In 1998 or was it 1999? (I’m not sure) Riverdance toured New Zealand for the first time. It had fast become an international phenomenon. My ticket put me row four, left front of the Aotea Centre. It was an impacting spectacle. I remember the power of tapping feet in unison, then a quiet high female singing a celtic ballad. I could not believe it. It was like my vision come to life. The Flamenco dancer was swathed in red flames (–and at a time when AV was not the norm for a dance show). The musicians seemed to dance in the orchestra, with a collection of ethnic creations I had not seen before.

In 2001 a friend invited me to bring my four-year-old daughter to an Irish dance class and when I arrived I discovered that the mothers danced too. Within three weeks they had me performing in a club with them. It was fabulous! When the class stopped running I ordered videos form Ireland and taught myself the steps. Irish music and dance was enriching my life and memories of Riverdance were an important stimulus.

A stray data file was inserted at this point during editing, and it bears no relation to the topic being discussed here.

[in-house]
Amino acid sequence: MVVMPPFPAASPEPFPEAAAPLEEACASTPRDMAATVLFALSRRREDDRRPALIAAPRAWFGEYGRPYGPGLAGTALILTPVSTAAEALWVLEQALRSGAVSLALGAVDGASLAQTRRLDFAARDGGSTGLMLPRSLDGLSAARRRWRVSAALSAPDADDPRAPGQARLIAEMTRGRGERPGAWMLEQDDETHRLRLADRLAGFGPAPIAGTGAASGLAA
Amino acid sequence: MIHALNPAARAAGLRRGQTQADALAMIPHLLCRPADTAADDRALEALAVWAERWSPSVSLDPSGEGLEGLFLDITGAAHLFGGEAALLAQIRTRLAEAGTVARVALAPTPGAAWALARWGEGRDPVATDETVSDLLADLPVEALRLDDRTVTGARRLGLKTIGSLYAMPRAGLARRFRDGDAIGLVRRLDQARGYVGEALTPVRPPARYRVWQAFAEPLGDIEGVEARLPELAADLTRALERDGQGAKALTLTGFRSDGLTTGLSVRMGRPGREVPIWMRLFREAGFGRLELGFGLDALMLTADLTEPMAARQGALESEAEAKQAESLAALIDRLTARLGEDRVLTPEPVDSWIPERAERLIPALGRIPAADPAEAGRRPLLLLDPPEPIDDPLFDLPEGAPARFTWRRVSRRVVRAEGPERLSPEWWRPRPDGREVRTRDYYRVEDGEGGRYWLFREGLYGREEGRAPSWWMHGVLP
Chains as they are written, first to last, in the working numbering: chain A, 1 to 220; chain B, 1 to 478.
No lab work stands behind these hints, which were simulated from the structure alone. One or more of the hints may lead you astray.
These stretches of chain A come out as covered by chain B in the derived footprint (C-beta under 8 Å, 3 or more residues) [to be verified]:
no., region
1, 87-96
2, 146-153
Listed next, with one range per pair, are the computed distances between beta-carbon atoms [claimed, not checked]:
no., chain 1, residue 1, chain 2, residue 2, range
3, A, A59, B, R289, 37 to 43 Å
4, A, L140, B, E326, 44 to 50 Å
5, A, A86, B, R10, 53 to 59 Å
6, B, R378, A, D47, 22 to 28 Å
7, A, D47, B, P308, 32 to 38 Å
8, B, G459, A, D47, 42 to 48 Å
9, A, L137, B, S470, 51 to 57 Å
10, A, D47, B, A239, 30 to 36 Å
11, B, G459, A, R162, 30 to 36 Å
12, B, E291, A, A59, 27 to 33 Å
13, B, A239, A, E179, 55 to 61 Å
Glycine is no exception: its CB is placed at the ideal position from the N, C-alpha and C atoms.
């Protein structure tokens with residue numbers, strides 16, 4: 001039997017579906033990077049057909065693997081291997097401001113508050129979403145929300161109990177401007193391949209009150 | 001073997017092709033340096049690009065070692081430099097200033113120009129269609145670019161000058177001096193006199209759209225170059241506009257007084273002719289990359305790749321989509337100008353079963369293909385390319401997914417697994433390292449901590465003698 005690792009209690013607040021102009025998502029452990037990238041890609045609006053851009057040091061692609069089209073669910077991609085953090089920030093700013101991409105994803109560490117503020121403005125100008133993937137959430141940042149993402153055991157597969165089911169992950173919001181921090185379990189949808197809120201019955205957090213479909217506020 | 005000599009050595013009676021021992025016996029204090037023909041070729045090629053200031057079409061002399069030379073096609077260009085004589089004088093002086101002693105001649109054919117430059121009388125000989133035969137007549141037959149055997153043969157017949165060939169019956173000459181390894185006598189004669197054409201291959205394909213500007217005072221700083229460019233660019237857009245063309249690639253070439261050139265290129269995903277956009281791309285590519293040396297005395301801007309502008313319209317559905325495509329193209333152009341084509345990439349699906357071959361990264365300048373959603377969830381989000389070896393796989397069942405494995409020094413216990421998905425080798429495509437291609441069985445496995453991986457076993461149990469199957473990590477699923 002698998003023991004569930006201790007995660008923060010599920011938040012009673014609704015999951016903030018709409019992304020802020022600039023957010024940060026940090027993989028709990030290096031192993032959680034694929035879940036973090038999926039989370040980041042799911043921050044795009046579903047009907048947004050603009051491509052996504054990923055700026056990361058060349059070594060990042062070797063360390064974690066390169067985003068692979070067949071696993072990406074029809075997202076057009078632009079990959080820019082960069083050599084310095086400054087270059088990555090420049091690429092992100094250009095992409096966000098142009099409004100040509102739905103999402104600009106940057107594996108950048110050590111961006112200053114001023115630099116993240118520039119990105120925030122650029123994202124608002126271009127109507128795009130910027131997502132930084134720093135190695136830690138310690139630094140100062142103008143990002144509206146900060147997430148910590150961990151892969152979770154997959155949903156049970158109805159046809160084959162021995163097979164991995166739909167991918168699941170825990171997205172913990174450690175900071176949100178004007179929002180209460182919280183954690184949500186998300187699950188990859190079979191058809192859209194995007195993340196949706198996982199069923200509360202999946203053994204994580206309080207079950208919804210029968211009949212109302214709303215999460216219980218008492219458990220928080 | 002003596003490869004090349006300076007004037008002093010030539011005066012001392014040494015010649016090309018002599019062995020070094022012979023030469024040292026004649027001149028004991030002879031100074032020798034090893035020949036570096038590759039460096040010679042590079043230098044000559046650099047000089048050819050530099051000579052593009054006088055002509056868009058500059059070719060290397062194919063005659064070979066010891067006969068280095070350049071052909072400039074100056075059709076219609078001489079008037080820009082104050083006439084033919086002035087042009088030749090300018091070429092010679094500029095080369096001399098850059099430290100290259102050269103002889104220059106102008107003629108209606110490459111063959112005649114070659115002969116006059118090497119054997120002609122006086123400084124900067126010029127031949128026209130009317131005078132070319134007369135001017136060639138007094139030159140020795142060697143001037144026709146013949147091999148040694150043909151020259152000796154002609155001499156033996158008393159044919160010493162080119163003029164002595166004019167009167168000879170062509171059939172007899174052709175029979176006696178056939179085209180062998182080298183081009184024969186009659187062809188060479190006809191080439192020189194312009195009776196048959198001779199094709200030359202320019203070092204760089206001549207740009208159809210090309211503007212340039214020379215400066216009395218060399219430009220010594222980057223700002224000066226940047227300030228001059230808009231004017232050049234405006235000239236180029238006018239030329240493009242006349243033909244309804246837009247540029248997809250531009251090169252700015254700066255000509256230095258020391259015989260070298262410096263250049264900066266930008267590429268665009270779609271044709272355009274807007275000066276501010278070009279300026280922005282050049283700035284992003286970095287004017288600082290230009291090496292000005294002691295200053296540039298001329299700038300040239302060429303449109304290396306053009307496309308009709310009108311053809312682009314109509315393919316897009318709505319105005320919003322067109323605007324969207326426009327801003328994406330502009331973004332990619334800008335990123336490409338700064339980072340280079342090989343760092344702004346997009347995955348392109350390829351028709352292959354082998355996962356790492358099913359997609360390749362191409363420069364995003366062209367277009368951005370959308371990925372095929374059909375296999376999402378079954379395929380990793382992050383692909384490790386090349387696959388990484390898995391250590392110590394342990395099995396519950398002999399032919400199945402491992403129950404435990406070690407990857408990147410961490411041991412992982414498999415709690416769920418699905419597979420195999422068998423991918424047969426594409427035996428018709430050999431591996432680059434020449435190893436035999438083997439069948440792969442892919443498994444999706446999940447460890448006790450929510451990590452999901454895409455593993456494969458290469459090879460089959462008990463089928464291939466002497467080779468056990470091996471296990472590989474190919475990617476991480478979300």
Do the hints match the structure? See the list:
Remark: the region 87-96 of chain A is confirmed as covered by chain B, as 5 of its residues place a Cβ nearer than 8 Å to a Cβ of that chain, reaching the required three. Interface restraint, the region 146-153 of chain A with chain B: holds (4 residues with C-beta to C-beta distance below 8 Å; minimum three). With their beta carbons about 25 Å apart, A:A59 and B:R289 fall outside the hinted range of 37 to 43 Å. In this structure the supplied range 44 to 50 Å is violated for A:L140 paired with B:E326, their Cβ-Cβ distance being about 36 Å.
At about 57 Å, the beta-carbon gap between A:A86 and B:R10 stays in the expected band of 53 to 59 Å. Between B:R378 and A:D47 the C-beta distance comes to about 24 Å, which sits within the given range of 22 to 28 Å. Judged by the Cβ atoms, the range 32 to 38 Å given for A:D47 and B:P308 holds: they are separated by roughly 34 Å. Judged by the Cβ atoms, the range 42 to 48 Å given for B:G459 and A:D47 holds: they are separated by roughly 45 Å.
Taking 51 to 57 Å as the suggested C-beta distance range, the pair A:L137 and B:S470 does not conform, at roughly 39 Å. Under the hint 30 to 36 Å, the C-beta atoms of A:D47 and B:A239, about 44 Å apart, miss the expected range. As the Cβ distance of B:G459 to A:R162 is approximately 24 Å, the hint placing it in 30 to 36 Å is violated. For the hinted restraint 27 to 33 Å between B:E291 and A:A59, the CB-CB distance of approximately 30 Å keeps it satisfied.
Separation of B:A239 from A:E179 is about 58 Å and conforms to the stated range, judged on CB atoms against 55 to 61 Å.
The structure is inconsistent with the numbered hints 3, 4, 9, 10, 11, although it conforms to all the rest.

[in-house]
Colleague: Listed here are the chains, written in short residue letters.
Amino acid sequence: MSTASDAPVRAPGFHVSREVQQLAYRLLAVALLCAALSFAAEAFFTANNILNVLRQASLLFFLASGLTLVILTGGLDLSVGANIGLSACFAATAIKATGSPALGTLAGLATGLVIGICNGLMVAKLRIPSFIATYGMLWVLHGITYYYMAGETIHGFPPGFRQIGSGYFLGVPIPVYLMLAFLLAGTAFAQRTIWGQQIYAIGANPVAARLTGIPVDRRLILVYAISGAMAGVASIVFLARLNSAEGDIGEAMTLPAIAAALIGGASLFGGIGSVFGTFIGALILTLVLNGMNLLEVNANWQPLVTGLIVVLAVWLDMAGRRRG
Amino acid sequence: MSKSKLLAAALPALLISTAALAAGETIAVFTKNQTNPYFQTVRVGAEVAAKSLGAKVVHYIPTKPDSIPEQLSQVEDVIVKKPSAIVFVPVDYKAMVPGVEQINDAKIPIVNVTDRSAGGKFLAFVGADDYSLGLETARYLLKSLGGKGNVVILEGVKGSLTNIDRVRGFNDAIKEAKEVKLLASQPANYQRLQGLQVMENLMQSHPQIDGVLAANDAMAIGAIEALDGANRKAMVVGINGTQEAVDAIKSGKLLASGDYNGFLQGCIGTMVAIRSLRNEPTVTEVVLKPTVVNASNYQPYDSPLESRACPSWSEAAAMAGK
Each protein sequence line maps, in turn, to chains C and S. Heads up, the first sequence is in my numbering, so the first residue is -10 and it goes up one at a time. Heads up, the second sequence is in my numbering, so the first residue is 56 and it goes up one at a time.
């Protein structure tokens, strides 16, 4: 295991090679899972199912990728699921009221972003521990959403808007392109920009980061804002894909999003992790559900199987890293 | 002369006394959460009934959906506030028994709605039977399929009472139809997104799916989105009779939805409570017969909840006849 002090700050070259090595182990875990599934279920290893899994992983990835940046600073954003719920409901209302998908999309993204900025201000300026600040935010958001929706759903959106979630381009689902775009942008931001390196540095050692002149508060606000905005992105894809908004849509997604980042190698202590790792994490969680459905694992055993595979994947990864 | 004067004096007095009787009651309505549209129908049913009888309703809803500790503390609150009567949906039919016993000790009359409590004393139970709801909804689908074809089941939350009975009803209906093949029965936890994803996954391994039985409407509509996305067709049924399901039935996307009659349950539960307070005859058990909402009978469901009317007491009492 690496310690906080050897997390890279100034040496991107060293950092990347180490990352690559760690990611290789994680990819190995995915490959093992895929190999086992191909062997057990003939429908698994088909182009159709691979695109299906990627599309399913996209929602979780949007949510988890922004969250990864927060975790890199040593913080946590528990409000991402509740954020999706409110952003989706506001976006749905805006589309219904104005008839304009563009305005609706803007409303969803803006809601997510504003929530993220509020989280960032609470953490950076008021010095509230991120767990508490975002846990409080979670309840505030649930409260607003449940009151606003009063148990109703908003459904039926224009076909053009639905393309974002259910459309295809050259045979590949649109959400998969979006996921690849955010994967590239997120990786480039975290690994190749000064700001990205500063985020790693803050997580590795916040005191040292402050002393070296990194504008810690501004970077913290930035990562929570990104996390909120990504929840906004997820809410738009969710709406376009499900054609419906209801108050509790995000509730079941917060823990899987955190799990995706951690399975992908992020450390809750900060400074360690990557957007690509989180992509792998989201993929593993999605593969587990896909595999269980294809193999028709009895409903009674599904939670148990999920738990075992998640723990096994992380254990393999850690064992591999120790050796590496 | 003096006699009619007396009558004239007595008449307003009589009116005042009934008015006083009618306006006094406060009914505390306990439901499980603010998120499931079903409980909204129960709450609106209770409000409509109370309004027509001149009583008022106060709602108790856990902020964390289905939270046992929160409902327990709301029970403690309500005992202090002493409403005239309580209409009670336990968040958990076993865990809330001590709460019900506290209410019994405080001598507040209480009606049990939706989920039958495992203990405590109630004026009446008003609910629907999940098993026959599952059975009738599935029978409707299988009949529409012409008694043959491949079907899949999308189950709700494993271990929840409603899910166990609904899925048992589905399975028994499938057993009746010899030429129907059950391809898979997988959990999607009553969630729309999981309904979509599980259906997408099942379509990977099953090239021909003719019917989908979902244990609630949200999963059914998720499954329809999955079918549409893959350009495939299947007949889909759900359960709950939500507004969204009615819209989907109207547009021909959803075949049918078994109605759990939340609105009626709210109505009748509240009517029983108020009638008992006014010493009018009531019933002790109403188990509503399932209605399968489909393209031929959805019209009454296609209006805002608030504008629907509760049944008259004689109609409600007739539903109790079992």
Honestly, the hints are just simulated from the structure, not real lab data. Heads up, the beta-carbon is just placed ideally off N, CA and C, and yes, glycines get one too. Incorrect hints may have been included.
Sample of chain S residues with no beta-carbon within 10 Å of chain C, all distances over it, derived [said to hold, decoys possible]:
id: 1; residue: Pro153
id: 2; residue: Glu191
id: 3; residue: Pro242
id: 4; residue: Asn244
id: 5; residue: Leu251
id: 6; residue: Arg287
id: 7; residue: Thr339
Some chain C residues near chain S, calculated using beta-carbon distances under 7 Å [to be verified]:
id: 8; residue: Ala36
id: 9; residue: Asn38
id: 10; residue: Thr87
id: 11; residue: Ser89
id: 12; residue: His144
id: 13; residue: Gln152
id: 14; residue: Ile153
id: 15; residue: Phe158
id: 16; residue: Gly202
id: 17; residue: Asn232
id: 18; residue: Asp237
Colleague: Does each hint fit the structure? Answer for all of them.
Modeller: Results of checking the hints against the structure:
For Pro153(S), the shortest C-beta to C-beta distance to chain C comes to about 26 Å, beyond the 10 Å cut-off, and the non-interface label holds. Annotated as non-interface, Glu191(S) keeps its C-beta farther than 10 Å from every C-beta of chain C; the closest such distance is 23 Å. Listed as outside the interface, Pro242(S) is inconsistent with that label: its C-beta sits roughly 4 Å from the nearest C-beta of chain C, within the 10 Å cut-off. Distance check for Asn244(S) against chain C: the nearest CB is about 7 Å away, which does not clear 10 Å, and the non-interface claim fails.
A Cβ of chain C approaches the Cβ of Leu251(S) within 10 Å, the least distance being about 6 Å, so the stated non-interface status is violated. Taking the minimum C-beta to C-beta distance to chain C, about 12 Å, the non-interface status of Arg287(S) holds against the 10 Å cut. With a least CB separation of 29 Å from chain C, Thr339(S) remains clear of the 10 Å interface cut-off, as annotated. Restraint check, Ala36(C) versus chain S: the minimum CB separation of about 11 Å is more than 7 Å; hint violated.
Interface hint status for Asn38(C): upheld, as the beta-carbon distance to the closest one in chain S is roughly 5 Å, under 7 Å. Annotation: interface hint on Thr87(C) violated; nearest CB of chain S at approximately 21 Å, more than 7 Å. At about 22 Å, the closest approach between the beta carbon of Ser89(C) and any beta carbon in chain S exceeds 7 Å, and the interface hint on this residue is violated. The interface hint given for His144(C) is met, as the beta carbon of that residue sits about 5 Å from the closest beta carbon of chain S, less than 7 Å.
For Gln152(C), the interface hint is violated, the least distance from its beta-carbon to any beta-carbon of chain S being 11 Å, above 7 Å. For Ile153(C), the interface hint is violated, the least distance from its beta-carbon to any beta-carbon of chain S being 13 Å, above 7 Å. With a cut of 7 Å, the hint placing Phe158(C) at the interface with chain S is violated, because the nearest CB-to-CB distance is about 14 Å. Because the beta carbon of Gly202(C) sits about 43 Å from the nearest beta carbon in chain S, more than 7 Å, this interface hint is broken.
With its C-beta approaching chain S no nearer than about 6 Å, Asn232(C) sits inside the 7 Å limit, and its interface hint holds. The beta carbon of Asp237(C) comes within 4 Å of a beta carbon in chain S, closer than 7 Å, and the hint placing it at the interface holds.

Fast-forward to 2012 and I have been anticipating experiencing the phenomenon again. I feel cautious. I have seen quite a few spectacular shows since 1999 and I don’t want to be disappointed by familiarity. I want to be wowed again. It is the first time in nine years that the pounding feet and Irish music of Riverdance, is touring New Zealand.

I know that the show has continued to tap its way onto world stages thrilling millions of people around the globe with its fusion of Irish and International music and dance.The energy, the sensuality and the music have been blended into a highly polished spectacular stage show.

But will RIVERDANCE, in these recessionary times with a slimmed down cast, featuring only 27 performers (up to 80 have been seen previously) who dance and sing, and an exceptional band – but only four are live (violin, soprano saxophone, percussion and Bodrahn, Uillean pipes and whistles) with use of backing tracks behind – will they still wow me?

The troupe with their impressive array of talents, come from around the globe, and has become an international phenomenon. Touring since 1995 the show still showcases much of its original material. Choreographies by Michael Flatley are still used and composer Bill Whelan’s Grammy Award-winning music and lyrics is memorable.This latest version of the production I know is without the Russian segments, but has kept the Flamenco dance and the show seems to be shorter and faster moving by all accounts.